Religious issues were also brought up.  How do you deal with an employee who needs to pray several times a day?  On one hand, you want to respect his religious beliefs, but on the other, if he's praying out loud in an open space, he's potentially bothering other employees and creating a disruption.  And prayer times usually don't correspond to break times, and you can't take away his break times in exchange, so the other employees will be upset because he gets to work less than they do for the same salary. 

Another one of my classmates brought up the case of an employee who was on extended sick leave, and at what point could they fire them.  The answer was - if the person can do a job that is easily replaceable (secretary, salesman, etc), then you basically could never fire them.  But if they do a job that is quite complicated and that a temp worker could not do, you could eventually fire them after a few years, after showing that it was hurting the company by not having a person in that position (though in the mean while, all of that work is being split up amongst the other employees in the company and putting additional stress on them).

There were also other questions about firing people, and how extremely difficult it was. For example, let's say you have a horrible employee who is not doing their job (of which you have repeated evidence), so you fire them for faute grave.  But if you word things wrong in your lettre de licenciement, the employee could take you to court and a judge could rule that the firing was illegal and then make you pay all of the things that come with laying someone off (= mega bucks).  Our prof says that this happens way more often than you'd think....

The craziest thing I heard however was about the French version of Temptation Island (the reality TV show).  Apparently the participants from the 2003 season took the producers to court because they said they should be considered employees of TF1 instead of contestants.  Their reasoning was that they were "kept" onsite and could not go home at free will, they were told what to say and wear, they were housed and fed, they were on camera for 20 out of 24 hours a day, and they should have had rights to unemployment afterwards  And they won!  TF1 ended up having to pay them (including overtime), and the poor guy who actually won the show had to give the prize money back since he was now considered an employee.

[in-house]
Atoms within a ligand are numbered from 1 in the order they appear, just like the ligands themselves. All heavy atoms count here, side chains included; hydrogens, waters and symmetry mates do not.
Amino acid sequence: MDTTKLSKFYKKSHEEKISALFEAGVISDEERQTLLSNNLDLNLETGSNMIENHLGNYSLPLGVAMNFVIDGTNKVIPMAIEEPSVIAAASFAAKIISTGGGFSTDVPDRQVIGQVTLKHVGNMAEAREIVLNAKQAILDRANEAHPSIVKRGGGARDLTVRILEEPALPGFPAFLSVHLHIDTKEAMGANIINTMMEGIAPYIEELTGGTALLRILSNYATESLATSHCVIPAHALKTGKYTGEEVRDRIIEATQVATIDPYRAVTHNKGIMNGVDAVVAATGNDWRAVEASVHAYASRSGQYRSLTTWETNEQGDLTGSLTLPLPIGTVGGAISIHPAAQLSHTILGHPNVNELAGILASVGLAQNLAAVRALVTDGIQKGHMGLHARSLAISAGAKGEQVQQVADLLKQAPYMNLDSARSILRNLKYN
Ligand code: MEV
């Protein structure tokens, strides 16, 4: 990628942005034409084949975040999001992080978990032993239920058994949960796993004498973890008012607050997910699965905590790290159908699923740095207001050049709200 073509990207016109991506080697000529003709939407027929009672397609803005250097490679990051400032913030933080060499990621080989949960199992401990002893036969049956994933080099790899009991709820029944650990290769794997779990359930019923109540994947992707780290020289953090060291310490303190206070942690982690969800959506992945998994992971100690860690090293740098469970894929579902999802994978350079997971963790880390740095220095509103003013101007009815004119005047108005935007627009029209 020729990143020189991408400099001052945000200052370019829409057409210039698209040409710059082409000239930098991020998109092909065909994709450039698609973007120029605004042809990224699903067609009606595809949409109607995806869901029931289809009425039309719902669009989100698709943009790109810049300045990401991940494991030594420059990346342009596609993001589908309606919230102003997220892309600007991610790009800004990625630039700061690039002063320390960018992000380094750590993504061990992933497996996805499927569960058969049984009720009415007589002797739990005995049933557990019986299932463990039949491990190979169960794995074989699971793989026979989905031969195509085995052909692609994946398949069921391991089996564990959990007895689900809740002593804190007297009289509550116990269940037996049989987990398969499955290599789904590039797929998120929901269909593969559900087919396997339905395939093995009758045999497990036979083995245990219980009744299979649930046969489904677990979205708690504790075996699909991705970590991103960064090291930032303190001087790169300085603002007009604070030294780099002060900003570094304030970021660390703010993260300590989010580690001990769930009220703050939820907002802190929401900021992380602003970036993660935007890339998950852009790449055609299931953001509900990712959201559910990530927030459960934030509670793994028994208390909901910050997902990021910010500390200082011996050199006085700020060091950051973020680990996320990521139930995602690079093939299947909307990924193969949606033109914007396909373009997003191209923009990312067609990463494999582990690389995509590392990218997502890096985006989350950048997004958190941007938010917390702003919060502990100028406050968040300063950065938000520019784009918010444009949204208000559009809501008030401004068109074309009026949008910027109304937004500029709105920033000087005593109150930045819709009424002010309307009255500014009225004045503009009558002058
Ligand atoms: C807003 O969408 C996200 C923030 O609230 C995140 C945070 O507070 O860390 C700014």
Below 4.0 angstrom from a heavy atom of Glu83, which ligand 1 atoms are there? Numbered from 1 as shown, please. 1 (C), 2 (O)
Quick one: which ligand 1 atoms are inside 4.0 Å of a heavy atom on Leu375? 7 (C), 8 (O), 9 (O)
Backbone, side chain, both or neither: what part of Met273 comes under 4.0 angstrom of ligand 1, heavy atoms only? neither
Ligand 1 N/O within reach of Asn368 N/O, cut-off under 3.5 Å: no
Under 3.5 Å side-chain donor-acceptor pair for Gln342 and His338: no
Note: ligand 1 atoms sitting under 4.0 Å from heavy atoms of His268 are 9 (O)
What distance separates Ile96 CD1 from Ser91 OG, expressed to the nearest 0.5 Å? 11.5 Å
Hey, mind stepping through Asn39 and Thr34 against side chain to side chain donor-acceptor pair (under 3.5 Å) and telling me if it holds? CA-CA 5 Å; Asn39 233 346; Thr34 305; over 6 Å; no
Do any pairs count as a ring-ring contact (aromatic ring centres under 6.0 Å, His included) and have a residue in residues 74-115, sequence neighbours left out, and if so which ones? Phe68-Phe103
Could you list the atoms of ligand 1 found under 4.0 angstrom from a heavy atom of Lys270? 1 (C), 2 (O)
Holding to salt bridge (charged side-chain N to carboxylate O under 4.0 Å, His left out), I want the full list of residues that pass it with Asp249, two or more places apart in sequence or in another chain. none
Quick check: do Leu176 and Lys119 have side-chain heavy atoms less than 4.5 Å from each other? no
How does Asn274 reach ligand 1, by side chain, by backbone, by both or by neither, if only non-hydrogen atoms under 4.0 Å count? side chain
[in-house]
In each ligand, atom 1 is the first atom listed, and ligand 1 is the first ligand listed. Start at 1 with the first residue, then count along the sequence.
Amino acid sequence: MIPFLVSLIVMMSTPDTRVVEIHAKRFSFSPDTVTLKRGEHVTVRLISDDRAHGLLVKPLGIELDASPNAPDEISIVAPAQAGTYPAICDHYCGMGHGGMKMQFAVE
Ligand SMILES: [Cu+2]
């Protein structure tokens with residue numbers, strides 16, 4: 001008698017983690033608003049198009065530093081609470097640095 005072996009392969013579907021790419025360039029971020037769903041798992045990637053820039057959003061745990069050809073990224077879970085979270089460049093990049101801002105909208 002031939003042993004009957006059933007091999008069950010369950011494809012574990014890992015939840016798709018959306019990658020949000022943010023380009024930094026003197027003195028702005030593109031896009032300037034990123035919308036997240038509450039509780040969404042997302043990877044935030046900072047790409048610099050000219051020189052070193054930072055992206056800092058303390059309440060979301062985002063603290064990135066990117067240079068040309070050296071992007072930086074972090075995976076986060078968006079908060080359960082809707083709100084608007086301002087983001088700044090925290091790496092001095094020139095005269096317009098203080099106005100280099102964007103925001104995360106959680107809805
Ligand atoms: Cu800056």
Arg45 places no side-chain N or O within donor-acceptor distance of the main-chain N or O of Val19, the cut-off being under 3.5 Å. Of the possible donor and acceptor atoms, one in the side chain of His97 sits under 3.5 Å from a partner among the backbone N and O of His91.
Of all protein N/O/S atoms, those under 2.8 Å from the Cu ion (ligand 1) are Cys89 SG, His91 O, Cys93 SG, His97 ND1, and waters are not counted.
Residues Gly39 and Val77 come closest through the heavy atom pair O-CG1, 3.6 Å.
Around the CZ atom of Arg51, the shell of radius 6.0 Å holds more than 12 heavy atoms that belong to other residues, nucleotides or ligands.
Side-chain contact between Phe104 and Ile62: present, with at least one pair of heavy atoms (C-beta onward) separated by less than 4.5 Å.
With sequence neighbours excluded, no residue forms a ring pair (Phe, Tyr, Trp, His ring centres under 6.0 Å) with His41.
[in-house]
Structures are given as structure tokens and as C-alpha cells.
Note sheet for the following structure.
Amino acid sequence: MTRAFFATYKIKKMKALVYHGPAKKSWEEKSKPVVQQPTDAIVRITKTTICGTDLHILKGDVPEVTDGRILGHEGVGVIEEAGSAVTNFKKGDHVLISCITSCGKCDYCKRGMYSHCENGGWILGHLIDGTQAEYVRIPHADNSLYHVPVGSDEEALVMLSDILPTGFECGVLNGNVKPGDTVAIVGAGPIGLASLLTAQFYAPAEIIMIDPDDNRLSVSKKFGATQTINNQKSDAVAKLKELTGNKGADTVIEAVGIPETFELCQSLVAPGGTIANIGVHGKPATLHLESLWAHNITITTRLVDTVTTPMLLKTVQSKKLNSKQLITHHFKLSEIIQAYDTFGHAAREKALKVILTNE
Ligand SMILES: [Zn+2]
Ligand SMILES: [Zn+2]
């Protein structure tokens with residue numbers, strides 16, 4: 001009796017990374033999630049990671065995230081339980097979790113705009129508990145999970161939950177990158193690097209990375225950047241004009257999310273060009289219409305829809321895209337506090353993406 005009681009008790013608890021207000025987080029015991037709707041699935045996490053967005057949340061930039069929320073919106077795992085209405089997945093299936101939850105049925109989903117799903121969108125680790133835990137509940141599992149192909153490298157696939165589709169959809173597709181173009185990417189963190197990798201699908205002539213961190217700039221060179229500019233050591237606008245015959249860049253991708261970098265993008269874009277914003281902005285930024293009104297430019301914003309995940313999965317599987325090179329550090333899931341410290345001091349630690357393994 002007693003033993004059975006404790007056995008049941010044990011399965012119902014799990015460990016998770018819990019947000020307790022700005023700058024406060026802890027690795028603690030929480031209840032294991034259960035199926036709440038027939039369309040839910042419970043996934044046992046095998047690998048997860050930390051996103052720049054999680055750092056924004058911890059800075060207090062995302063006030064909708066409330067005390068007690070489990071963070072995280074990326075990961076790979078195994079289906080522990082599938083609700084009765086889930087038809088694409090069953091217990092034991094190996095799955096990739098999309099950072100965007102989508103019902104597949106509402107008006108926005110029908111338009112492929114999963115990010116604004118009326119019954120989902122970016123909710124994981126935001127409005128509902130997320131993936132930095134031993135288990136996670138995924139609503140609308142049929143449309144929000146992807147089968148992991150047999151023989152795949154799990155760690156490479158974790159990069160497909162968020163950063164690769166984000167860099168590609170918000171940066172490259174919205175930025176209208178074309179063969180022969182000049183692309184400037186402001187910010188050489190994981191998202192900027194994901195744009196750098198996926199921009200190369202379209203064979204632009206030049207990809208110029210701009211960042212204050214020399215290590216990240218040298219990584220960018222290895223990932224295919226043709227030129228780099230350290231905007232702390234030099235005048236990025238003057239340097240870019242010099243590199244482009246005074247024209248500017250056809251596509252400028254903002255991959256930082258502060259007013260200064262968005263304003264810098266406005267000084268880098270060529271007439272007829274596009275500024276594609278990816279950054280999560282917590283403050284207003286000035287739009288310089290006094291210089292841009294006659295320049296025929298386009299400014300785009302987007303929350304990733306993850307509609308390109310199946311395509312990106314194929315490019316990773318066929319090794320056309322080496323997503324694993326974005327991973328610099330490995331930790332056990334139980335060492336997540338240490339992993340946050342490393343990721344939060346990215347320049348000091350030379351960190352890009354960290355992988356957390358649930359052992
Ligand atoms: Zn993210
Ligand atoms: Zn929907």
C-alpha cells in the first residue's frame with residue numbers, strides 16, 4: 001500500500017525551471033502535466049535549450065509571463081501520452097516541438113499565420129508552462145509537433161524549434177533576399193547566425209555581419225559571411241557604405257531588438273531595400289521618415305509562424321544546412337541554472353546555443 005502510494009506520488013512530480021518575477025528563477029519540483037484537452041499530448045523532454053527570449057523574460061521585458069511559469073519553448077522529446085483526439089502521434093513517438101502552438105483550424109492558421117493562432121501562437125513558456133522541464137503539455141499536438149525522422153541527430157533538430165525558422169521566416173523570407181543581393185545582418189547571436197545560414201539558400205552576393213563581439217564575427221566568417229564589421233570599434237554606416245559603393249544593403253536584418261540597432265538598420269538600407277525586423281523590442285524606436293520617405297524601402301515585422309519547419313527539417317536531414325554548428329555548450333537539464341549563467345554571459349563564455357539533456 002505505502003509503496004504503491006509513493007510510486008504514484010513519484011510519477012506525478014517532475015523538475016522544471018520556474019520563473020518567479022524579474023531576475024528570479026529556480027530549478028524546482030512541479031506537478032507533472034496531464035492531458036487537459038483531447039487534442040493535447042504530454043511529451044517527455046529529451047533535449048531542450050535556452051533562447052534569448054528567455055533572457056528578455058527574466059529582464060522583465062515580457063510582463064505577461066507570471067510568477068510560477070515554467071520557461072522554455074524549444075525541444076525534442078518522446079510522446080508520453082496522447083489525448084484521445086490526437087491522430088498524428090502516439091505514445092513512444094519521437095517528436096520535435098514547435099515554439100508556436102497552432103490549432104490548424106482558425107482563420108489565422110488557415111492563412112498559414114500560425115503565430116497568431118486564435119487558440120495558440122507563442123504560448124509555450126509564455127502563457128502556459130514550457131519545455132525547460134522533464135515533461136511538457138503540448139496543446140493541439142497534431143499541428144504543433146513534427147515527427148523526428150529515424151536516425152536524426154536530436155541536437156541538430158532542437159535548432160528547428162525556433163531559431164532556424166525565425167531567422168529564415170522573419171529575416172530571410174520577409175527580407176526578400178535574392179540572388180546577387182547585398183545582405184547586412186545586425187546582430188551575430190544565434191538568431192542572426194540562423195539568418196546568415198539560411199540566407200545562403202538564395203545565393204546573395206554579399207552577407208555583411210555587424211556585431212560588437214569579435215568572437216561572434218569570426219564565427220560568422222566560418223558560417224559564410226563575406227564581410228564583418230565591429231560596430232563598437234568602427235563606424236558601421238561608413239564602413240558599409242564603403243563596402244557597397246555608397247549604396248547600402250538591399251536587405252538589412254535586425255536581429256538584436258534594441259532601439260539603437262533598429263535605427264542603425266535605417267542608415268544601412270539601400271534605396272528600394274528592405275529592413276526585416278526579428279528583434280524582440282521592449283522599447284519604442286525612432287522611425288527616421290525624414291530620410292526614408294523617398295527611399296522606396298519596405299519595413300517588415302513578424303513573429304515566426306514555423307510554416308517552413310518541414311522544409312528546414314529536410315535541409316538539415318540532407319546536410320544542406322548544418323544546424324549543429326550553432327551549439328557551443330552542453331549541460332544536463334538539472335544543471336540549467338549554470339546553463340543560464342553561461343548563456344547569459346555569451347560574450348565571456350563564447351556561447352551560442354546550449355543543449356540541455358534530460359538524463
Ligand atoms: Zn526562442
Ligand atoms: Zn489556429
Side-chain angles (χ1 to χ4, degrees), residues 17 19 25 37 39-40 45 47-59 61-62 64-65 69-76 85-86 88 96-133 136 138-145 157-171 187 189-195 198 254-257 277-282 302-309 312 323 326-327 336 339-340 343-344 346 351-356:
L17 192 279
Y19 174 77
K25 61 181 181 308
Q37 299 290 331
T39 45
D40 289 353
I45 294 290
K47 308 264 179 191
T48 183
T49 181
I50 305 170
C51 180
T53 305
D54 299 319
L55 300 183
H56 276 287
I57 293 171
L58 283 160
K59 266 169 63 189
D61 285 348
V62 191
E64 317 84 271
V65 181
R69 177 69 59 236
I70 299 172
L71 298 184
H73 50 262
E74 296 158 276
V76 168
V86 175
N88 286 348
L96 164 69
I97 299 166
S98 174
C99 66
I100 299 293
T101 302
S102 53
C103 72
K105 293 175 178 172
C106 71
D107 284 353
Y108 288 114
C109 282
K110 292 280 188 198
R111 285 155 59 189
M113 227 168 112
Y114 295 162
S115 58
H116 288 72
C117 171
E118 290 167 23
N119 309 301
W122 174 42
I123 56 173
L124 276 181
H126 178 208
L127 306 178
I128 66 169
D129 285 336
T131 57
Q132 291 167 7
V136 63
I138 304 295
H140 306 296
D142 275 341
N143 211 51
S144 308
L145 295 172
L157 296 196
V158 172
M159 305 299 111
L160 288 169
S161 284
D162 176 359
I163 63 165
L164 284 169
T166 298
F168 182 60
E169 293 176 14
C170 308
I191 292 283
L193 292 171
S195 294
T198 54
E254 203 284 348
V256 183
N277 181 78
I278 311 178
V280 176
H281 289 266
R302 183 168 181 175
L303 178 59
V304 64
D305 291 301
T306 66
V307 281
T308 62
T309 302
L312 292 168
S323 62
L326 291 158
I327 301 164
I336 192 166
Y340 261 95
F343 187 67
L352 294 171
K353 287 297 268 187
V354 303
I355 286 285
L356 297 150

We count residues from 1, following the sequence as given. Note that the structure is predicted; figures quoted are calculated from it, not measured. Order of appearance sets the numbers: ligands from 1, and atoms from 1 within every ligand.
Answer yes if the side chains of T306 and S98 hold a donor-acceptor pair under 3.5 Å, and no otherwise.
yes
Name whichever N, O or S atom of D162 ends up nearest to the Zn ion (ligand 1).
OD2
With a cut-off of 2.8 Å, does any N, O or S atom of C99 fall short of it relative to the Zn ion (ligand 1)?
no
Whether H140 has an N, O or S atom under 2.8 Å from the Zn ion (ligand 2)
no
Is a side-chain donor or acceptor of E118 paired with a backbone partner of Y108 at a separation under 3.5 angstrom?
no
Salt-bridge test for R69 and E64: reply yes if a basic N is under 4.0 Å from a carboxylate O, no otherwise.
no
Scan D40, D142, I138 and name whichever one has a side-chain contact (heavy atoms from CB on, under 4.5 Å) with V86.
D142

My main takeaway from this was that as an employer, you have to be super careful about what you do. Even hiring a contractor can come back and bite you in the butt because if the contractor can prove that you have any sort of authority of them (be it by telling them what to do or by 'sanctioning' them for poor work), they can ask that their contract be re-qualified as a CDI, and then you're stuck with them and all the costs that come with having a full-time employee. It definitely makes me understand why so many French companies are hesitant to make changes or hire people long-term.  And it also explains why so many unions exist - the laws are so crazy that there is no way that a single employee could know all of their rights, and employers often take advantage of that. Which leads to constant distrust between the two and strikes and all the rest.